Kinetic Art

Kinetic Art

Kinetic Art

Kinetic art is art expressed by any means which includes movement that can be seen by the viewer or depends on motion for its operation. The earliest examples of kinetic art come from painting on canvas which expands the perspective of the viewer and incorporates multi-dimensional motion. More specifically, in modern times the term kinetic art is about three-dimensional sculptures and works like the kinetic which move mechanically or physically. The moving parts are activated mainly by air, mechanisms or manually. Kinetic art encompasses a variety of techniques and styles.

Also, there is kinetic art which relates to the virtual movement or movement which is perceived by certain corners or sections of the project. This term often collides with the term “apparent motion”, which many people use when referring to movement caused by machinery or electrical systems. Both the obvious and the virtual drive are categories of kinetic art which was recently recognized as a style of Op art. Artists and art historians agree that notwithstanding the fact that these two styles (Kinetic art and Op art) share some common facts they cannot come under the same umbrella.

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“Kinetic Art” as a term was developed by a range of sources. This art has its roots in the late 19th century where Impressionist artists such as Claude Monet, Edgar Degas and Edward Manet who experimented with the movement of the human figure on the canvas. These three impressionists painters sought to create art which simulate life. The portraits of Degas depicting dancers and racehorses are an example of what we believe is the “photographic realism”. In the late 19th century artists like Degas caused the movement against photography with vivid landscapes and portraits.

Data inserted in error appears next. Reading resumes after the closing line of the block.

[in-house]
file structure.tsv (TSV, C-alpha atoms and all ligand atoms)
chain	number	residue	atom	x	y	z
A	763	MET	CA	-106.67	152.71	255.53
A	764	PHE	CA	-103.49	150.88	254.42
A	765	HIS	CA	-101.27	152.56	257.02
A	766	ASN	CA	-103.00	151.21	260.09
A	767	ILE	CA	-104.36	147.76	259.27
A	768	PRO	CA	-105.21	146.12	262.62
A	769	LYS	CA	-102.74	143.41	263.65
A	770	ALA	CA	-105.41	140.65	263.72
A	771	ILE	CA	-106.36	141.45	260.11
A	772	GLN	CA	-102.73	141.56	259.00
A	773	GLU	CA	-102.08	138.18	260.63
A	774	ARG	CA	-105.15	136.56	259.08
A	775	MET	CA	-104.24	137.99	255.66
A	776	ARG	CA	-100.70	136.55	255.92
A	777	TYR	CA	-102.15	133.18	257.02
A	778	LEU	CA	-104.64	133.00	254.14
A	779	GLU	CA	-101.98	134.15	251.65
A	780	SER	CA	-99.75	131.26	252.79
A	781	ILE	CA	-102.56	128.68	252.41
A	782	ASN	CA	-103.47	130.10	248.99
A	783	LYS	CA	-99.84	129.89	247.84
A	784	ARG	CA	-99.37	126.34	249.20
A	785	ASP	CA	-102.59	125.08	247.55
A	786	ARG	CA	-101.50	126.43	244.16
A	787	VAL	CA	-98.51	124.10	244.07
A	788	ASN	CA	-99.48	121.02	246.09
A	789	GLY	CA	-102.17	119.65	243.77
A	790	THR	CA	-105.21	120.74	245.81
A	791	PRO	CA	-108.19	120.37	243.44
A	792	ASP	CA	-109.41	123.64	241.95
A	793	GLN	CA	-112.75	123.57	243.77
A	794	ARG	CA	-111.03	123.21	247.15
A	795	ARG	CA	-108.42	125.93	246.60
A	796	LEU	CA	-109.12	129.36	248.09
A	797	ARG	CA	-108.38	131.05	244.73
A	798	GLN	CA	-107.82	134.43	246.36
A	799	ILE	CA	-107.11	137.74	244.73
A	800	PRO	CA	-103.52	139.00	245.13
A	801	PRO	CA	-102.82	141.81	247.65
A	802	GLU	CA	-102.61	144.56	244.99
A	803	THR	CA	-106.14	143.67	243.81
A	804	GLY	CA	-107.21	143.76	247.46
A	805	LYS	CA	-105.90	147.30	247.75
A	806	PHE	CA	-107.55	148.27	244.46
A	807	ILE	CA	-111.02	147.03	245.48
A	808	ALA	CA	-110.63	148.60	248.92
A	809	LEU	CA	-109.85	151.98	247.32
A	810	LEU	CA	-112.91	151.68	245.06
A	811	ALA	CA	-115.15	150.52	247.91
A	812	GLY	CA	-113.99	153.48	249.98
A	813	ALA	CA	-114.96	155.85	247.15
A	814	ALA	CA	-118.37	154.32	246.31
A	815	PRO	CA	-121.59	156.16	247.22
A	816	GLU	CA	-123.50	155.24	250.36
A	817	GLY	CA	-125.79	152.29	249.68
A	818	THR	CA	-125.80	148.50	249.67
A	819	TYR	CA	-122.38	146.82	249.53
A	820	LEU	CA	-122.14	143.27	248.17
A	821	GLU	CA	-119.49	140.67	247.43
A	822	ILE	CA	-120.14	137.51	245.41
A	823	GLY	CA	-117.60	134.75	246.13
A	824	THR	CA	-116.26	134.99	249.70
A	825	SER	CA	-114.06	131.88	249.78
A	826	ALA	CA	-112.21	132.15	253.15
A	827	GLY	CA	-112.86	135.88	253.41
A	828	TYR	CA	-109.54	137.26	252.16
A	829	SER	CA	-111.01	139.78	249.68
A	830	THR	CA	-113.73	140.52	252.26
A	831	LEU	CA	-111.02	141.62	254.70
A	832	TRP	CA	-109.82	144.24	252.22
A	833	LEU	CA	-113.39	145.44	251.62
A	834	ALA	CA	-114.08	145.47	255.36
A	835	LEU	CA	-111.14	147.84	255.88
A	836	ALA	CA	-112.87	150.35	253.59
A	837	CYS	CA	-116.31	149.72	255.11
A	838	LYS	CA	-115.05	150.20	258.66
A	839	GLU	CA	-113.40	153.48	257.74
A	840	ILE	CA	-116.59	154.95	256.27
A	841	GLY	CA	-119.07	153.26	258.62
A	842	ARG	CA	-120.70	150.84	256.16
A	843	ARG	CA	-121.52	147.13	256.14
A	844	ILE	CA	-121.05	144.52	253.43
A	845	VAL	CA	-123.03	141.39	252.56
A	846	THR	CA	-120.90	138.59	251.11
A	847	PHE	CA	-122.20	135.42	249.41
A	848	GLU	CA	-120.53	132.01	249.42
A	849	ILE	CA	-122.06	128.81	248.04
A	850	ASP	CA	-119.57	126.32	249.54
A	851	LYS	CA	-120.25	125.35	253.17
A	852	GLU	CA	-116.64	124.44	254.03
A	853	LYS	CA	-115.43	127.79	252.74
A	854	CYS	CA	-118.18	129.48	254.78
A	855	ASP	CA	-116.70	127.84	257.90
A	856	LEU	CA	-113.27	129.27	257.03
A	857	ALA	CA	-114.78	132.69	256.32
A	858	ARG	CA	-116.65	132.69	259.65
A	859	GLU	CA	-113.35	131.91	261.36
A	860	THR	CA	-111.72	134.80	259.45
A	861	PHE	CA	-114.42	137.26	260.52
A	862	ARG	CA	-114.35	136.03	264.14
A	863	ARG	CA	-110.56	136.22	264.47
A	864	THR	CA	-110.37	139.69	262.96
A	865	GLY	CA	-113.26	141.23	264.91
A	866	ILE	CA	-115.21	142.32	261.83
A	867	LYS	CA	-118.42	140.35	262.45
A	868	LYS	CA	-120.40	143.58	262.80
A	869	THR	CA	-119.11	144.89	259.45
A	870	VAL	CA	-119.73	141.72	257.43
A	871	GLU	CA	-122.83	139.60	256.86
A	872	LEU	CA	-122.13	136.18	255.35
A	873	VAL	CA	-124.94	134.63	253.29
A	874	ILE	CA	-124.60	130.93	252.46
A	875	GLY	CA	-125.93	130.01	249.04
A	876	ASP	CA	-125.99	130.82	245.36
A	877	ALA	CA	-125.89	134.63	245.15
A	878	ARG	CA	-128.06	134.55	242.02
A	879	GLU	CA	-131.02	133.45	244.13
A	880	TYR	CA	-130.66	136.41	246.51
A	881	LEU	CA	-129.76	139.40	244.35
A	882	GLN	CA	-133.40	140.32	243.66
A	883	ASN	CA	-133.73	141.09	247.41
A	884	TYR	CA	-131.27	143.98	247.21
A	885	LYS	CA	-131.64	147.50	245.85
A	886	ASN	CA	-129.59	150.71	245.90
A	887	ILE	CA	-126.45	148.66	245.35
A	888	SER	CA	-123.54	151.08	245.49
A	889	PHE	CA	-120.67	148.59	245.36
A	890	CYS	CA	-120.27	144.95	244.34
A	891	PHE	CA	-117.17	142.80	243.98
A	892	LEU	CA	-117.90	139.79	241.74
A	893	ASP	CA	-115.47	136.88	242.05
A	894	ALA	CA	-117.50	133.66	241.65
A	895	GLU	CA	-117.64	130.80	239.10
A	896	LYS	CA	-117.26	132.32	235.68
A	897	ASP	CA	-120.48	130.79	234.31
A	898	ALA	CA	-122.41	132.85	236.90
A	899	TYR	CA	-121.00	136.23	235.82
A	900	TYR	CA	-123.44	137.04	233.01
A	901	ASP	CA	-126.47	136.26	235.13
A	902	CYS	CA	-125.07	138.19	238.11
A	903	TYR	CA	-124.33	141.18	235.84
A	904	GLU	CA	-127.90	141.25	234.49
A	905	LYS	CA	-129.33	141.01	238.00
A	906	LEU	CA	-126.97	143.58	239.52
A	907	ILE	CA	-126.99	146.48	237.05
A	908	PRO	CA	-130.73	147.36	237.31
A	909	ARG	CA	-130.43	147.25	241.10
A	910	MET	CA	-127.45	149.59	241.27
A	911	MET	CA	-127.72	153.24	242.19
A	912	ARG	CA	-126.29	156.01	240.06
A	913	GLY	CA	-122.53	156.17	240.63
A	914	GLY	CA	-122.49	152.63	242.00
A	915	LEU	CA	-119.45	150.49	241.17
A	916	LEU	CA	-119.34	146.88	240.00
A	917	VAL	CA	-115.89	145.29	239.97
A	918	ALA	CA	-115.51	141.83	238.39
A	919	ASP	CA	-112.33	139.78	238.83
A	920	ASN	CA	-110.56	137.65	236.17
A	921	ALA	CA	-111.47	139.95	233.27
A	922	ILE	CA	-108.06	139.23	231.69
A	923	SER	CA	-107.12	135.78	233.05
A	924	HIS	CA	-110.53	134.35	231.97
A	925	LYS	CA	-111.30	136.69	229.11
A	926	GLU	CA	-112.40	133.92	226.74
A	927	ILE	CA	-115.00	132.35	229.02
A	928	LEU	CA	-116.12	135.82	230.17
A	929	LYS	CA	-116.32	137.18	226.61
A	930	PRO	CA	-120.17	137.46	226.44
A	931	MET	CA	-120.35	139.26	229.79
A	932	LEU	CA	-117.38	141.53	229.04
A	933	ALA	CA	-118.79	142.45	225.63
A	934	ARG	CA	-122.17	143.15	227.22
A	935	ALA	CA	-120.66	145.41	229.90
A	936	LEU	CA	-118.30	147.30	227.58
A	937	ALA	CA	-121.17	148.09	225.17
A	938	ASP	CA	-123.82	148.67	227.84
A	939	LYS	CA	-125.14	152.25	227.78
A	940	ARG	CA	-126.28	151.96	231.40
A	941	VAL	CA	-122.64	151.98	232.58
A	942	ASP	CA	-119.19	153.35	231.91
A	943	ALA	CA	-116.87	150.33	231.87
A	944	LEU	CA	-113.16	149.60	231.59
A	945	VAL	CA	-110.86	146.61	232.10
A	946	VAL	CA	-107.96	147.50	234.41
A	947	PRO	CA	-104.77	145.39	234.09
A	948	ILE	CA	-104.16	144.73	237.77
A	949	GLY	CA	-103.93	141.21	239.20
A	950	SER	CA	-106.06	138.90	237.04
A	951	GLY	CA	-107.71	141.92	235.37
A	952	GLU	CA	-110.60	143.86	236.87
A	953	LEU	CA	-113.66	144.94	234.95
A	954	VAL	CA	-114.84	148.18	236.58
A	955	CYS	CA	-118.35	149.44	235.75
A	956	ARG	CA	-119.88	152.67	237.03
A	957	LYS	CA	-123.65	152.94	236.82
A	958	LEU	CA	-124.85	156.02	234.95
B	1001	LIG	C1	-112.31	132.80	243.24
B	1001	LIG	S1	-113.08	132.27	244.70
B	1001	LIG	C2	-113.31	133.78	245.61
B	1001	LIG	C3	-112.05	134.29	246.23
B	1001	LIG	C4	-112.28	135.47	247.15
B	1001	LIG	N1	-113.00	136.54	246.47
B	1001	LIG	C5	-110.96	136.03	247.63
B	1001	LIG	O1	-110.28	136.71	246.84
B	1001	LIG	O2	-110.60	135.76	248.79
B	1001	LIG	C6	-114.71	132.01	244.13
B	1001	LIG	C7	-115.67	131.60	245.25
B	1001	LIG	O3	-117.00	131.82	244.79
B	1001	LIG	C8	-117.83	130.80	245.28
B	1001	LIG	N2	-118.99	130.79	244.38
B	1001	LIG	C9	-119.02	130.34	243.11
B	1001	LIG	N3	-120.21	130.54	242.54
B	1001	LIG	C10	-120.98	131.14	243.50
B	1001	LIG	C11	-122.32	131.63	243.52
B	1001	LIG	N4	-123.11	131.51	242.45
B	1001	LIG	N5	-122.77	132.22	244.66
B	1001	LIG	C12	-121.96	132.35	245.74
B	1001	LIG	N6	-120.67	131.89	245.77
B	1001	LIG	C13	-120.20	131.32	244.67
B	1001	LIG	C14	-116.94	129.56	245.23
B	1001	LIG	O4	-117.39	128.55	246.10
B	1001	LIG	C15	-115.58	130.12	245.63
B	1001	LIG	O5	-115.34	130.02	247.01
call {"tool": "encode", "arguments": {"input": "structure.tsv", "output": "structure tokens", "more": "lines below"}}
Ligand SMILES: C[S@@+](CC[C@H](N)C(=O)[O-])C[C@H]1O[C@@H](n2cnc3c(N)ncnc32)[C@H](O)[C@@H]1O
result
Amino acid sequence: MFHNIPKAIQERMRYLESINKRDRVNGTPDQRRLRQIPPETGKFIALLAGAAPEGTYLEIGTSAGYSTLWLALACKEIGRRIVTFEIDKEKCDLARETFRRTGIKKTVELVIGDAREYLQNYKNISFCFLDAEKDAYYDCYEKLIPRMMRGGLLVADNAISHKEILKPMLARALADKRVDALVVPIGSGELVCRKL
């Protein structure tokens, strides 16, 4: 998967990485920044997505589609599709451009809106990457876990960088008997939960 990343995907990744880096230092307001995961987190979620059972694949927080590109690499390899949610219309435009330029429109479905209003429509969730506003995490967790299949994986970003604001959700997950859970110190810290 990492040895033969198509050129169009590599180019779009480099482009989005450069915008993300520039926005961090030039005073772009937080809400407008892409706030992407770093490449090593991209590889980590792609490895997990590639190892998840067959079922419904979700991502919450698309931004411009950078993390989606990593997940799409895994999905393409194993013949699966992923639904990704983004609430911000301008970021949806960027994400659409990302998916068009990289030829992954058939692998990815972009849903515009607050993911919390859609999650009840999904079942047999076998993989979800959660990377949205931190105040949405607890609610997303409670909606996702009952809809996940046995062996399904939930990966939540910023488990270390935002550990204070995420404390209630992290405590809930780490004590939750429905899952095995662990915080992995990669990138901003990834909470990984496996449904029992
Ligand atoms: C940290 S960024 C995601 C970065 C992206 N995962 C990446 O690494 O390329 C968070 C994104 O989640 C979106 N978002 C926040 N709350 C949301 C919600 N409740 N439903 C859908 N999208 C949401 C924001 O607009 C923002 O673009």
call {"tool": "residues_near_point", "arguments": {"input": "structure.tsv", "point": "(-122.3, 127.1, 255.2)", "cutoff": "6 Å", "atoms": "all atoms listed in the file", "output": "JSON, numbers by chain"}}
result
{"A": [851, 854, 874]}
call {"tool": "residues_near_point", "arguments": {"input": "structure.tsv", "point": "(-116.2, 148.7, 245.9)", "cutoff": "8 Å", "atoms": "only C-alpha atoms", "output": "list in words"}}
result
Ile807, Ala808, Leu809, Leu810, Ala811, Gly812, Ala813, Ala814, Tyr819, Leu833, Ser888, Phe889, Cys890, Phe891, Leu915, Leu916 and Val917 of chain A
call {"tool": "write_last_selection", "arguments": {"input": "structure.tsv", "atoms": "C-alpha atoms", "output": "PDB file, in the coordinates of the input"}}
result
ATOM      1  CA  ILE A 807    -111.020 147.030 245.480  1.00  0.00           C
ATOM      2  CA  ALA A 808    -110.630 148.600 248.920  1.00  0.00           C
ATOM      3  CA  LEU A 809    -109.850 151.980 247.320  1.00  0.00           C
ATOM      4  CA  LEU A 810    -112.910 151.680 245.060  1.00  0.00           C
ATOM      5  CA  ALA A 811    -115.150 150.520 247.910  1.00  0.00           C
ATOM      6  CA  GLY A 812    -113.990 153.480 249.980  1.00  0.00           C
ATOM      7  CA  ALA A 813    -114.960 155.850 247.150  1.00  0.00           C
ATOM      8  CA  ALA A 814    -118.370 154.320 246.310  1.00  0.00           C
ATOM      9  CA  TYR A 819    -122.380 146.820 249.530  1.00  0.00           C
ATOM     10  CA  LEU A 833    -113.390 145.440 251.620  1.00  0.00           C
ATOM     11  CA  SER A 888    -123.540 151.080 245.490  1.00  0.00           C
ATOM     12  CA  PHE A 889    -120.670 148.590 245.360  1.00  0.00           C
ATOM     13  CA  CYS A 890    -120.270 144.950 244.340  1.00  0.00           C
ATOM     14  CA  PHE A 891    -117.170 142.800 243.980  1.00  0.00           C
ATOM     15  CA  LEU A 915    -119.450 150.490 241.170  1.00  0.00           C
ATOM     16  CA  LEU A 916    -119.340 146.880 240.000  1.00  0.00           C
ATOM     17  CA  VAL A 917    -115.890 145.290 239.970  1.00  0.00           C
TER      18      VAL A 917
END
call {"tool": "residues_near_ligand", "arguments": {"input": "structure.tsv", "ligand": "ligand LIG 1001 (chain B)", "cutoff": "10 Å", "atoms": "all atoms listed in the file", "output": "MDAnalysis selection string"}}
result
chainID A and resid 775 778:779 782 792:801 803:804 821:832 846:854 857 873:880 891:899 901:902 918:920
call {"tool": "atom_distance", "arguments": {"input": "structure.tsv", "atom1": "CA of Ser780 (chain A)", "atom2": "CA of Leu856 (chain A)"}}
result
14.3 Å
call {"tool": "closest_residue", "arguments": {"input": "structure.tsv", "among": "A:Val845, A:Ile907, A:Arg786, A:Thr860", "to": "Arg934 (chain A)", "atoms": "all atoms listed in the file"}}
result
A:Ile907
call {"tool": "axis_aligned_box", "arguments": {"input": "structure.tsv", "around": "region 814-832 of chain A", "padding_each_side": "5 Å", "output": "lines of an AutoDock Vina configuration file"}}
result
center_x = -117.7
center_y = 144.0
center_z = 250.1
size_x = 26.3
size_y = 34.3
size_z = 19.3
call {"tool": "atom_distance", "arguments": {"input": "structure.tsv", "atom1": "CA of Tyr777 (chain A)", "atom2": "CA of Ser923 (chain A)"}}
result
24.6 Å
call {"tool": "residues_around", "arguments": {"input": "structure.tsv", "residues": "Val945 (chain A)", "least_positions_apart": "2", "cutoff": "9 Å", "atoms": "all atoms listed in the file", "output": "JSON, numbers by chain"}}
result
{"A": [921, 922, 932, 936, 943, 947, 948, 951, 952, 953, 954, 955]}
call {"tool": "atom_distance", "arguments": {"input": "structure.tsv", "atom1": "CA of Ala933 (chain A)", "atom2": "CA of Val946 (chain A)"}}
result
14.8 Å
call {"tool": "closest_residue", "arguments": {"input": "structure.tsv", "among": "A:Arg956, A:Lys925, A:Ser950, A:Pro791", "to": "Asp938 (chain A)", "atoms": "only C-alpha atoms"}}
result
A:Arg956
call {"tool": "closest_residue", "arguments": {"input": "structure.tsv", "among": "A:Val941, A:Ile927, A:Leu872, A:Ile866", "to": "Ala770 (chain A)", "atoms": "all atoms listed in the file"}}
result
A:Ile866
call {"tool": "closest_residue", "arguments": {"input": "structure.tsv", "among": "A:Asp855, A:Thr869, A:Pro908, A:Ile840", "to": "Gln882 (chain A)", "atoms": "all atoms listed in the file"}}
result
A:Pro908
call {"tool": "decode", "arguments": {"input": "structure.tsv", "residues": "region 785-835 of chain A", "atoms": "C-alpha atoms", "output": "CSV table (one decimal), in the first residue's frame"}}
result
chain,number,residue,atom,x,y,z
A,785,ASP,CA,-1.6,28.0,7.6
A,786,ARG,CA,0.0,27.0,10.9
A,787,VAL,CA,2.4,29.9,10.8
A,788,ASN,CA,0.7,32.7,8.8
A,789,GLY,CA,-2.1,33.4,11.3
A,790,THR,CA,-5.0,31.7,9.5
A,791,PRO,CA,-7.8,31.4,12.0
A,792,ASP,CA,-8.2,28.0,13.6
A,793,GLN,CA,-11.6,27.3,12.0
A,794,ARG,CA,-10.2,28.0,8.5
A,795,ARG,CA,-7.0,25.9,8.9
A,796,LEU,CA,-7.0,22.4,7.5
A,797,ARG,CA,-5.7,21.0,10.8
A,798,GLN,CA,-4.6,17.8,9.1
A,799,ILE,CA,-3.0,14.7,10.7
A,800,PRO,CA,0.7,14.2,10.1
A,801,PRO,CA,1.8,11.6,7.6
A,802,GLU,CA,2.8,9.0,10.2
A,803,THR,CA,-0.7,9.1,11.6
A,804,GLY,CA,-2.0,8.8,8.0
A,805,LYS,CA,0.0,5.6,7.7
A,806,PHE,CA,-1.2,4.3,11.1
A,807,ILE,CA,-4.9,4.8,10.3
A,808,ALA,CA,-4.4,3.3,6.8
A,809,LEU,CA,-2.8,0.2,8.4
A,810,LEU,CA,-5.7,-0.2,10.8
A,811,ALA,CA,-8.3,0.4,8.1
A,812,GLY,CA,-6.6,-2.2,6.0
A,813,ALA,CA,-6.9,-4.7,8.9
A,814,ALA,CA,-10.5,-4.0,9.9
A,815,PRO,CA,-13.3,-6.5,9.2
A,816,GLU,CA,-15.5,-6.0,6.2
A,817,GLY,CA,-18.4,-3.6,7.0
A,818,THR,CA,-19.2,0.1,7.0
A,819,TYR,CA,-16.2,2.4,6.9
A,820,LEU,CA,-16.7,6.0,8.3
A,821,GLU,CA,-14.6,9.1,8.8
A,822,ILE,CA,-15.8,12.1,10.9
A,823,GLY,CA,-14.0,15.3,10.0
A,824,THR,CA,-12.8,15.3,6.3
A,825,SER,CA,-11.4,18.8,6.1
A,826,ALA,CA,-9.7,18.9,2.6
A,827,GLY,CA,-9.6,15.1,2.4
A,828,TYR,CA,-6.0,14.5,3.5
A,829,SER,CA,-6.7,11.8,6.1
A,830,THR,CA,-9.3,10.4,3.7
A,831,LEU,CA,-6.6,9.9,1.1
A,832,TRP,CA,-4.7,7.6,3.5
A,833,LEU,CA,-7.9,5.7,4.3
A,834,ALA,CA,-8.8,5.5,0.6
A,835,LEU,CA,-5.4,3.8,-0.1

In the early 20th century, some artists increasingly tended to attach to their art dynamic movement. Naum Gabo, one of the two artists who contributed to name this style, often wrote about his work that is an example of “kinetic rhythm.” He considered that the kinetic sculpture “Kinetic construction” was the first of its kind. From 1920 to 1960 the style of kinetic art was redesigned by a group of artists who experimented with other forms in sculptures.

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